Some Advice When Learning to Speak Japanese

December 19, 2008 by admin · 9 Comments 

You may need to learn the Japanese language because you are traveling to Japan and want to become familiar with popular Japanese words and phrases. Or you might have taken a class to learn Japanese years before and are now looking for a refresher course. Perhaps you have a great interest in learning to speak Japanese simply because you love the Japanese language.

Whatever the reasons you desire to learn to speak Japanese, you will want to be sure to keep the following advice in mind.

There are many aspects of the Japanese language that you might be considering learning. If you are interested in learning essential Japanese words and phrases to get through a few conversations with those who speak Japanese fluently, then beginning with the basics is the best place to start.

Learn popular words and phrases such as “hello”, “how are you?” and “thank you” first. Then practice using them in your daily conversations with those who speak Japanese. If you do not know anyone who speaks Japanese, keep practicing and speaking your words and phrases daily anyway – practice makes perfect.

If you want to learn Japanese so that you can better understand Japanese etiquette and culture, it is probably best to immerse yourself in conversational Japanese language studies. Learning Japanese this way can be beneficial because you will understand the body language, intonation and communication styles of those who speak Japanese fluently.

Listen to conversational audio, observe fluent speakers interacting with each other, and even try to watch and comprehend Japanese news or other real-life Japanese shows on TV. When listening to others speak Japanese, you still want to try to pick up on basic Japanese words and phrases. However, in learning conversational Japanese, it would be to your advantage to focus on situational phrases and even Japanese slang or expressions as well.

Understanding and using these types of colloquialisms is what helps you to become fluent in the Japanese language. Instead of focusing on basic phrases like “hello” and “good morning”, you will want to focus on how to begin interactions by asking questions like “what is your name?” or “what do you do for a living?”. Japanese etiquette plays a role in conversation, so take notice of the phrases and intonations that younger people use when speaking to their elders or that employees use to speak to their superiors.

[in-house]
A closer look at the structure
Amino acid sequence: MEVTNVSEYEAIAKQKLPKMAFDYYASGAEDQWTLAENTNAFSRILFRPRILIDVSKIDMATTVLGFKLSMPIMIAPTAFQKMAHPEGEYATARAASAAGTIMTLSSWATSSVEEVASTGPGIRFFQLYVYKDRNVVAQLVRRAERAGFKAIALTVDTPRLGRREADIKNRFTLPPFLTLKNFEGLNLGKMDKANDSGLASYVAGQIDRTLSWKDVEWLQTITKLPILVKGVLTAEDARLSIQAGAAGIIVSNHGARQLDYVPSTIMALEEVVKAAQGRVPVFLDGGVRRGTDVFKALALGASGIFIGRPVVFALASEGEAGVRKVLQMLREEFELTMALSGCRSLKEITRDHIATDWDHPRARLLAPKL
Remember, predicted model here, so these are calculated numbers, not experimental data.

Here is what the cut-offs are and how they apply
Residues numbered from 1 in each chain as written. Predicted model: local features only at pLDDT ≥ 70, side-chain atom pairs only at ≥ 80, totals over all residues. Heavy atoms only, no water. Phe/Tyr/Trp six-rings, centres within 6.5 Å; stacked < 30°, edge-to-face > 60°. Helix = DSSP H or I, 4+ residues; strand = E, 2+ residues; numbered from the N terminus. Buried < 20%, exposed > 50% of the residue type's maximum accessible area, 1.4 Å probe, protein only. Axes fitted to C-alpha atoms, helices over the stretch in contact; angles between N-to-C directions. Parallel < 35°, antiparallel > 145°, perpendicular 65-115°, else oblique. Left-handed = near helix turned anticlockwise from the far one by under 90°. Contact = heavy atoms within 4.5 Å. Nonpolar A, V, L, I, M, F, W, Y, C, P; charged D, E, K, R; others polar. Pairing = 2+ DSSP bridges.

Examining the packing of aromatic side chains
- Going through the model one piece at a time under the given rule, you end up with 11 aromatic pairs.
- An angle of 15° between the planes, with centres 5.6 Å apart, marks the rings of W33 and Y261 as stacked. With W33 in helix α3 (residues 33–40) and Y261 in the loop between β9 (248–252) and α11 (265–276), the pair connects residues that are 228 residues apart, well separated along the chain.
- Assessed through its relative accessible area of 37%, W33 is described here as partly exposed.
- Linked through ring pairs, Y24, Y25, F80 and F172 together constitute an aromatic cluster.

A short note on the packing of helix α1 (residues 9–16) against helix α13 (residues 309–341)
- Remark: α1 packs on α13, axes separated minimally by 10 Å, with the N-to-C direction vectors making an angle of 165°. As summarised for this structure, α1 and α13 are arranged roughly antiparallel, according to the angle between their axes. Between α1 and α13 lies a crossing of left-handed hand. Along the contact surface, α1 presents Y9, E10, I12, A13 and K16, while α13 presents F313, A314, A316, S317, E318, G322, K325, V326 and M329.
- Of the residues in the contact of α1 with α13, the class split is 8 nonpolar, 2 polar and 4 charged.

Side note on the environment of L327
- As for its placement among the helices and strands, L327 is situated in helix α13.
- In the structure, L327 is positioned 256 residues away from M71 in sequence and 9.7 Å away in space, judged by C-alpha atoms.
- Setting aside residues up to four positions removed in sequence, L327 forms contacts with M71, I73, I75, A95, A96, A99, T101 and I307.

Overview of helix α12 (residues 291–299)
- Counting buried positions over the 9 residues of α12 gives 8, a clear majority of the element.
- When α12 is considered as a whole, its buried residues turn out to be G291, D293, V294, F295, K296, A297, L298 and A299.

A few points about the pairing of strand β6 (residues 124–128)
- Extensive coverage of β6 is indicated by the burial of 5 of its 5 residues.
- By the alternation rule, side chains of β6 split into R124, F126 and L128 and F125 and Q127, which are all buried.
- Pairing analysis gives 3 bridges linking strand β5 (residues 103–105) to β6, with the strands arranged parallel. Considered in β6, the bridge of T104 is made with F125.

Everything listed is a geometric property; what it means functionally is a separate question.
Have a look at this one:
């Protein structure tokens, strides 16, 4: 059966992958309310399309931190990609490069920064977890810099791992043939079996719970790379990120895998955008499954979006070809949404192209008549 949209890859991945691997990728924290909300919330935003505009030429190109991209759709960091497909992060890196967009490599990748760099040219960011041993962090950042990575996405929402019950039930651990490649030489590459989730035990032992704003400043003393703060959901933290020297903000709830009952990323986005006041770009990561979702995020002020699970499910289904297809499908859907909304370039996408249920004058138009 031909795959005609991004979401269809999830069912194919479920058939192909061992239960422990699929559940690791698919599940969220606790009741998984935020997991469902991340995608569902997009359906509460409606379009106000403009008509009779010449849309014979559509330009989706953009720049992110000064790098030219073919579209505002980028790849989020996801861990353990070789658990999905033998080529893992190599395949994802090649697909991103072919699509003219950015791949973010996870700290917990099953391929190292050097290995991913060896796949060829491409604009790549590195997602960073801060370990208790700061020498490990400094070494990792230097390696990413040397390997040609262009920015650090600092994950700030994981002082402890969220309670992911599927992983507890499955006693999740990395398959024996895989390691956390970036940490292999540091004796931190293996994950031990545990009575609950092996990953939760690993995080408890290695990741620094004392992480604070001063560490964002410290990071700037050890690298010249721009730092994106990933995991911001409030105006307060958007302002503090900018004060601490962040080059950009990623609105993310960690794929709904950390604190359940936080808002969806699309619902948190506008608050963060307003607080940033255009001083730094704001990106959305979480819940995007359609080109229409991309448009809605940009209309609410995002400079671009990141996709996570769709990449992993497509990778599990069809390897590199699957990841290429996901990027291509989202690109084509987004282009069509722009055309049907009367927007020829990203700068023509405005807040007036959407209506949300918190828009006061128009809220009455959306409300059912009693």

It can be very difficult learning a new language. You want to try your best to stay motivated. When learning the Japanese language, you are not only learning to speak new words, you are also learning to read and interpret a different type of writing. Languages such as French and Spanish contain the same letters as the English language, but used in slightly different ways. The Japanese language will be a totally new way of reading and writing for you.

Do not be afraid of making mistakes with reading, writing or speaking Japanese, instead try to learn from your mistakes. Record yourself while you practice speaking Japanese so that you are aware of your mistakes in pronunciation and intonation. Being able to identify your weaknesses as you learn Japanese is the best way to improve.

How to Say Happy in Japanese

July 21, 2008 by admin · 4 Comments 

How To Say Happy In Japanese

Telling someone that you’re happy and that you’re having in Japanese can be very useful and motivating for someone else. For example, if you’re on a date and you want to continue seeing the other person, you will tell him / her that you enjoy the date. But how do you express hapiness, joy or pleasure in Japanese?

There are many Japanese words that can accomplish this task but let’s start with the basic Japanese word ureshii. Ureshii is perhaps the most common and effective word for express your happiness. When you’re happy, you can just shout out ureshii!

Watashi no tame ni, kono bentou wo tsukute kureta yo ne. Ureshii yo!
You made this lunch box for me. I’m so happy!

Kanojo wa ureshii kao wo shiteiru.
She’s wearing a happy face. (She’s happy).

There are many ways you can use the Japanese verb ureshii. You can turn it into an adverb. To turn a Japanese adjective into an adverb, you need to omit the ending -i and replace it with -ku.

Ore wa kanojo no kao wo miru dake de, nanka ureshiku narimasu.
Just by looking at her face, I become happy.

Kare wa ureshiku sono uta wo utaimashita.
He sang that song happily.

See how useful the simple Japanese adjective ureshii can do? Let’s look the second Japanese adjective tanoshii which means enjoyable and fun. Tanoshii is usually used when you want to express fun or enjoyment. Since it’s a Japanese adjective, you would use tanoshii the same way as ureshii.

Machi de burabura suru no ga sonna ni tanoshii desu ka?
Is wandering aimless on the street that enjoyable?

Dewa okyakusama, yukkuri tanoshinde kudasai.
Dear customers, please enjoy yourself.

Watashi wa tada kimi to tanoshii toki wo sugoshitai dake desu.
I only wanted to have a great time with you.

To learn more about expressing happiness in Japanese, you can view the original article here:

Copyright 2006 – Rippasama. You are free to reproduce this article as long as no changes are made, the author’s name is retained and the link to our site URL remains active.


July 12, 2008 by admin · Leave a Comment 


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